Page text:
Enhancing the value of partnerships: the three key metrics to use

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Scalewise VP of Partnerships Emily Assender explains why Customer Acquisition Cost (CAC), Lifetime Value (LTV) and Net Retention Rate (NRR) are the holy trinity of partnership metrics.
Think of the most successful business partnerships. GoPro and Red Bull doubling down on their vibe of fearless adventure. Spotify and Uber’s ‘soundtrack to ride’ boosting both companies’ user base. Apple and Mastercard revolutionising purchases with ApplePay. From greater credibility to a larger Total Addressable Market (TAM), great partnerships deliver mutual benefits, but to enhance the tangible value of partnerships, you have to focus on the metrics. For me, these are the core three metrics that partnerships can improve.

Customer Acquisition Cost (CAC)

As the name suggests, CAC measures how much you spend to win a new customer (i.e. the sales and marketing cost vs the number of customers gained over a specific time period). The lower the CAC, the longer your investment will last and the greater return for you and your investors (and depending on what stage you’re at, this is a big deal for them). Partnerships can improve CAC in two ways: act in a very short space of time,” says Margo Hayward, a recent convert to a portfolio career after 21 years in tech sales. “You need to get up to speed really quickly, so both parties need to have a number of discussions to make sure you’re the right fit.” For Nora Khalili, who went out on her own fractional journey in January 2020, that involved some soul searching. “Is this the right skill-match? Do you get along? You need to check if there is a comms style match and culture match with the founder. That they are in the mindset to accept your advice. There’s nothing worse than coming in where a person thinks they want help, but actually wants to be told what they’re already thinking”.
● By boosting your conversion rates
Partnerships are not only a source of leads, but a source of pre-qualified leads. If you thoroughly onboard your partners from the outset – i.e. introduce them to your company, train them on your product, align teams on goals etc – you will benefit from leads that already fit your Ideal Customer Profile (ICP), saving you time and increasing your lead to opportunity conversion rate. Measure these byPartner Sourced Leads and Partner Sourced Opportunities.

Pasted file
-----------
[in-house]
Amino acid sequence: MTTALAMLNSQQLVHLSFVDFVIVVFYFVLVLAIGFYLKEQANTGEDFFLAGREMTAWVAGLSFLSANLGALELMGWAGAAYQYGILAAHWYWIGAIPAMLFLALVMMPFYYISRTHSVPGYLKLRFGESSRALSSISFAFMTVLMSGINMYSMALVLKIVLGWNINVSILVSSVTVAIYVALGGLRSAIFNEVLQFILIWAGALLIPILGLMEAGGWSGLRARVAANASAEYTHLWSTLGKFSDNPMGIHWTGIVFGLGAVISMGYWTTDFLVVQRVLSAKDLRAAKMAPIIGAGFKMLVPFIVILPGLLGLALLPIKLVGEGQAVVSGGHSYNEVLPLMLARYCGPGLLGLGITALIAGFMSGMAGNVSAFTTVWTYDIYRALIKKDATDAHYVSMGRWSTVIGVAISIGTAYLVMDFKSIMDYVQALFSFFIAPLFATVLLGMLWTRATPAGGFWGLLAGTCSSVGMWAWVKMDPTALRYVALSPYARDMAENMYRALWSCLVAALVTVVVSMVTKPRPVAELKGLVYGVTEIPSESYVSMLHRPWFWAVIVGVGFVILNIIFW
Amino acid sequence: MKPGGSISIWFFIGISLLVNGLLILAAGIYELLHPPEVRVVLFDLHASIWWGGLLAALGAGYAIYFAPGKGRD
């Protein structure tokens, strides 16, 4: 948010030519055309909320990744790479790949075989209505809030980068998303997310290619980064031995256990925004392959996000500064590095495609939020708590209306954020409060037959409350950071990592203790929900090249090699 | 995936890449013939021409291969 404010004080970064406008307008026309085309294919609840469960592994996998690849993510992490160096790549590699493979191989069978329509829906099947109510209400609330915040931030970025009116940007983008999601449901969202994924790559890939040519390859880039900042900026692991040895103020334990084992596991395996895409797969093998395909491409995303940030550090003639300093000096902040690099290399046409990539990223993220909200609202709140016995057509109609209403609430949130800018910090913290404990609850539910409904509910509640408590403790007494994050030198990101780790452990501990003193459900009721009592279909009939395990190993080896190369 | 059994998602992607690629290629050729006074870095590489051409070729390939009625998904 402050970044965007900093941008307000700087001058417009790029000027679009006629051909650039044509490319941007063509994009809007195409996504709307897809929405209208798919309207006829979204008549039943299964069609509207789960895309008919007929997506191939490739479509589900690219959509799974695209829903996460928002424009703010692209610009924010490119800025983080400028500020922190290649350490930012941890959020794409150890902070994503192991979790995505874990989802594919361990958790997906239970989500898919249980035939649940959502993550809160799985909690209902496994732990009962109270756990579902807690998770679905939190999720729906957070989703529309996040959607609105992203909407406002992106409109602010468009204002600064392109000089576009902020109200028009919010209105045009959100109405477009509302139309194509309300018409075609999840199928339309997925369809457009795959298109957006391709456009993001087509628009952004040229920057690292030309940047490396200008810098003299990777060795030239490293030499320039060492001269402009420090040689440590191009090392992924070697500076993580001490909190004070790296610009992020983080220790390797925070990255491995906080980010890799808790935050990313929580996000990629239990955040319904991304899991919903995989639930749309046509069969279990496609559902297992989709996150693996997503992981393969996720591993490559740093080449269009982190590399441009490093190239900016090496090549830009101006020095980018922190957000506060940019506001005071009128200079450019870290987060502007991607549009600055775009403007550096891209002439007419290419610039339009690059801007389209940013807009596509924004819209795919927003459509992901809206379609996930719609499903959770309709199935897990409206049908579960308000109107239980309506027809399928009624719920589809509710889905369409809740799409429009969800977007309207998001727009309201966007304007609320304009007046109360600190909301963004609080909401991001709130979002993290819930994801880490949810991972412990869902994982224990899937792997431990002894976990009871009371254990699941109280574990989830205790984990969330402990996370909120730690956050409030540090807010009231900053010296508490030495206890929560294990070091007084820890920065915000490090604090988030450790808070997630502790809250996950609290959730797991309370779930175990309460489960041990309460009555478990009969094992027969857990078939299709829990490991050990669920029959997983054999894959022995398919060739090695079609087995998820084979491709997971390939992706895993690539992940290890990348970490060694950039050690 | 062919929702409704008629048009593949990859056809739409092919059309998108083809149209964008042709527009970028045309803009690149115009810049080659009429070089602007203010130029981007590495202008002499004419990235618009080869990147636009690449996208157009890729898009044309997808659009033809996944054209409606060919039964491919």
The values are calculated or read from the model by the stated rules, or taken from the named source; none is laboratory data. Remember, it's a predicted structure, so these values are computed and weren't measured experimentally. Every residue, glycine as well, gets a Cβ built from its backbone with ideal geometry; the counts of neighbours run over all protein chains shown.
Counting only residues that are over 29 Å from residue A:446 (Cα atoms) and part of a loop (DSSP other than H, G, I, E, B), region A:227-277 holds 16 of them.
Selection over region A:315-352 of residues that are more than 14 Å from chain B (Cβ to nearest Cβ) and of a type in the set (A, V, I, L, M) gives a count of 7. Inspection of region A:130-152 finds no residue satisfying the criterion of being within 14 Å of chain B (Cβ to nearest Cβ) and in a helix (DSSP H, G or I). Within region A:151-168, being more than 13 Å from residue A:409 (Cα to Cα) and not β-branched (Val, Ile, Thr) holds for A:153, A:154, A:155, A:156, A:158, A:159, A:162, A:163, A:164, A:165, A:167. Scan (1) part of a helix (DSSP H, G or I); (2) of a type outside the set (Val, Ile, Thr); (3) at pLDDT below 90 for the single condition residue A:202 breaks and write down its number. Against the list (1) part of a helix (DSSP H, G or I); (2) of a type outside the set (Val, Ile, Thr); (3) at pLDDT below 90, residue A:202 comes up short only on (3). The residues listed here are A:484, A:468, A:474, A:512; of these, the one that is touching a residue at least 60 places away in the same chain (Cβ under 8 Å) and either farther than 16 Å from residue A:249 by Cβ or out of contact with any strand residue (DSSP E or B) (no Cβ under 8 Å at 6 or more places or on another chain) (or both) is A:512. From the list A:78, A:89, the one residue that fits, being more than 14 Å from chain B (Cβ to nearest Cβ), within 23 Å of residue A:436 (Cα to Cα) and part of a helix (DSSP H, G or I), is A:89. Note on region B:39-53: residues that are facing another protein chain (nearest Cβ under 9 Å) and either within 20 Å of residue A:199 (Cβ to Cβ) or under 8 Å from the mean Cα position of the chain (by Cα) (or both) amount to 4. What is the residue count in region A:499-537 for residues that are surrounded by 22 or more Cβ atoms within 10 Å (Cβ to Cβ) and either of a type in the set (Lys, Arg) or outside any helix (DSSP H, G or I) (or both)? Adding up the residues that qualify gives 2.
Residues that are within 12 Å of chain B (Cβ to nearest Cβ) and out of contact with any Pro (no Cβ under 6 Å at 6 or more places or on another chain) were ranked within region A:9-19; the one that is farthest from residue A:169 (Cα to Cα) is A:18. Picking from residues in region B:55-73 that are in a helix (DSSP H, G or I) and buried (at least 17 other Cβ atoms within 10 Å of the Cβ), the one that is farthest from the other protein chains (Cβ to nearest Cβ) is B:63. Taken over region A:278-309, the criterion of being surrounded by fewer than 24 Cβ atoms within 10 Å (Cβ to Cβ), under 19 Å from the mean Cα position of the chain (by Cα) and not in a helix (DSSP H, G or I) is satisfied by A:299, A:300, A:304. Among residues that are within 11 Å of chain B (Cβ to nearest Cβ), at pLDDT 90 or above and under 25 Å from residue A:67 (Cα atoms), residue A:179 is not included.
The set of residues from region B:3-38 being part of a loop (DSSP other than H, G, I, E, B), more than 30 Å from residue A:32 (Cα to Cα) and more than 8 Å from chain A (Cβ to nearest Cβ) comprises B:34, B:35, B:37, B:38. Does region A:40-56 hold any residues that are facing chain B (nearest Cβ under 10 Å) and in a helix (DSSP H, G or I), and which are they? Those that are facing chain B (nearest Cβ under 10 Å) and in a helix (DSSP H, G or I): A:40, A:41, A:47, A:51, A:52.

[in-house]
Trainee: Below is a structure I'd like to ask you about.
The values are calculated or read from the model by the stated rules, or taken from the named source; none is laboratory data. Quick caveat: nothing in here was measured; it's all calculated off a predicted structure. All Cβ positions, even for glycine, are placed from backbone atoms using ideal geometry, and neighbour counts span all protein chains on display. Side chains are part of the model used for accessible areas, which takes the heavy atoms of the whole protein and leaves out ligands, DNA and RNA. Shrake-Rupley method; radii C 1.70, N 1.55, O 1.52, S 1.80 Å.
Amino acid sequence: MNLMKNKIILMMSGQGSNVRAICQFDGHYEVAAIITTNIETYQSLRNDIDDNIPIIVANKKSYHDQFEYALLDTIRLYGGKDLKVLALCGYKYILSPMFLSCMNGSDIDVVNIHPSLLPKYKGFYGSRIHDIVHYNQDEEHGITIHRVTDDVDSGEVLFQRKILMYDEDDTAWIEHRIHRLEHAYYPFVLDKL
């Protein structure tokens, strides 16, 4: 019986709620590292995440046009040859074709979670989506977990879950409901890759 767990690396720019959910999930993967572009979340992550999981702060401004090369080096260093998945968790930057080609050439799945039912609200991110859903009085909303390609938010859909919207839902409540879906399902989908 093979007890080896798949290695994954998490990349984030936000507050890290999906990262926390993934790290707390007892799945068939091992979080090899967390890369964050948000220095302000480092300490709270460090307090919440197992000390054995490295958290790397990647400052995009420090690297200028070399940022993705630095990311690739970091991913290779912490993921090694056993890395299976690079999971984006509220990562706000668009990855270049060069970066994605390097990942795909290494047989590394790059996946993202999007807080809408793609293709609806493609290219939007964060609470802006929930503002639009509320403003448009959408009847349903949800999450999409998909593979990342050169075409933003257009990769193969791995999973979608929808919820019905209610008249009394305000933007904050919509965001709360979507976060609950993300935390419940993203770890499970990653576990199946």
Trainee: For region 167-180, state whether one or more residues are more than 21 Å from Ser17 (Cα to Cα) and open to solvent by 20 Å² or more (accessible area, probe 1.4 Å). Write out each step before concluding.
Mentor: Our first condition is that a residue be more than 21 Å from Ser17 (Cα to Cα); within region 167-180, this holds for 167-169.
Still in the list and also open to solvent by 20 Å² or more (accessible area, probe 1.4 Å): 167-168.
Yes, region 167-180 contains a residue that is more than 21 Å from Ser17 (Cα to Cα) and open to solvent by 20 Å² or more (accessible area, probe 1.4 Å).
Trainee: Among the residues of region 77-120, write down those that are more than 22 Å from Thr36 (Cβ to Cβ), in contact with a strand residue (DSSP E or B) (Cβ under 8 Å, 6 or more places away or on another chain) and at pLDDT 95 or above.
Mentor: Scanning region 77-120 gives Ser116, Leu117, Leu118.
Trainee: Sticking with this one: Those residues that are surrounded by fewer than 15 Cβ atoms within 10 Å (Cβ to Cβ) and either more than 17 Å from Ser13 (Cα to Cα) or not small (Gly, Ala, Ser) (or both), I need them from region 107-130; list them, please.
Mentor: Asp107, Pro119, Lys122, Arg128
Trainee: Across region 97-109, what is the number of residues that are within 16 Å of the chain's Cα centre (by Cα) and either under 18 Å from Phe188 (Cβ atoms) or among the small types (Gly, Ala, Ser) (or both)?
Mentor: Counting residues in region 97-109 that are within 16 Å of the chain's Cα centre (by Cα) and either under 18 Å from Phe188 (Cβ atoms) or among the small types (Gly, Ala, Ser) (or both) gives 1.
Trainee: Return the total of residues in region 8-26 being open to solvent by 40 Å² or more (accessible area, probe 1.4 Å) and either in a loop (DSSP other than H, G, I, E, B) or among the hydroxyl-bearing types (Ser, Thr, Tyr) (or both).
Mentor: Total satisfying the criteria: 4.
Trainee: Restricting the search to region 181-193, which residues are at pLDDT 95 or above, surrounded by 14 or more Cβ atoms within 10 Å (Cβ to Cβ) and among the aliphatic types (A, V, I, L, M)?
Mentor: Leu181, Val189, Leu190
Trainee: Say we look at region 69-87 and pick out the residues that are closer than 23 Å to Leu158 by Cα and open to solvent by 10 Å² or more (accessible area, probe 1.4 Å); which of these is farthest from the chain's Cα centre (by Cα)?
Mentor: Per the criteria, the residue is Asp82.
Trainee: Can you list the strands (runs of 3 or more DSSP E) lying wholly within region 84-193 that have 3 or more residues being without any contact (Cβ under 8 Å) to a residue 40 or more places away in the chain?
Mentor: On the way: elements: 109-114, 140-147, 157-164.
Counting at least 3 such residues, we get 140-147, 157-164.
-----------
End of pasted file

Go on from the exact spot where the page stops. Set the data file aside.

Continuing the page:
● Improve sales rep productivity
Just as you’re more likely to trust a friend’s restaurant recommendation, a consumer is more likely to try your product if recommended by a company they trust. This means that reps can close more opportunities,faster,when referred by a partner. Measure Partner Sourced as well as Partner Influenced Leads/Opportunities and the Sales Cycle (# days to close).

Lifetime Value (LTV)

It’s not just about new customers, but how much that customer is worth to your business over their lifetime. This is never truer than in the subscription model of many SaaS companies as it should be cheaper to keep existing customers than acquiring new ones. Therefore, investors want to see a high LTV to CAC ratio (3:1 is deemed good, 5:1 excellent). Thankfully, partnerships can help with that too:
● Land and expand
If a partner is perfectly in tune with your business, they can upsell and promote new products for you, boosting your stickiness (i.e. attracting loyal long-run customers) and reducing the efforts of your Customer Success team. Measure this by Partner Influenced Opportunity on upsells (you’ll need to make sure your CRM is capable of tracking this data, and that your CSMs understand how to report on this).
● Use account mapping to target specific groups of ICP
Partners have customers. Partners have customers you want. Partners have customers that want you (although they might not know it). Account mapping allows you to qualify the commercial opportunity within their client portfolio by focusing on key accounts that fit your ICP (I’d say go for the 10 most suitable accounts at the start). Measure this by Average Contract Value of Partners Sourced + Closed Won.

Net Retention Rate (NRR)

Do they stay and do they grow? Yes, I’m riffing off the Clash tune, but more importantly I’m talking about your NRR, which looks at how many customers stay and how many grow; a great indicator of long term SaaS performance and a favoured metric of potential Series B investors. Partnerships can help:
● Identify similar ICP prospects
Take the Spotify-Uber example. Both were tech disruptors with young, digitally-savvy user bases. Each partner had relationships with prospects the other wanted, so they set up a partnership to target similar ICPs to the ones they were already growing and retaining (those most likely to positively impact their NRR). Measure this by # Partner Sourced Opportunities.
● Upskill partners to grow and retain clients
Roll up! Roll Up! Partners are promoters for your business. They offer advice to their clients on who to use (or who not to use!), so make it really easy for them to recommend you as a provider above your competitors. That means knowing when partners can recommend you and constantly remaining front of mind. Measure this by comparing the churn rate of Partner-Sourced and Partner Influenced Opportunities vs Inbound or Outbound Opportunities

Hello Series B (and beyond)

As I mentioned in my Scalewise 3×3 (tips for scaling companies), successful partnerships align different businesses with mutual objectives, but partnerships’ results also align company data with what investors want to see. Tracking and influencing core metrics enable companies to sell a convincing scaling story to Series B investors (and beyond) and partnerships can make those metrics sing. Do get in touch to find out more.

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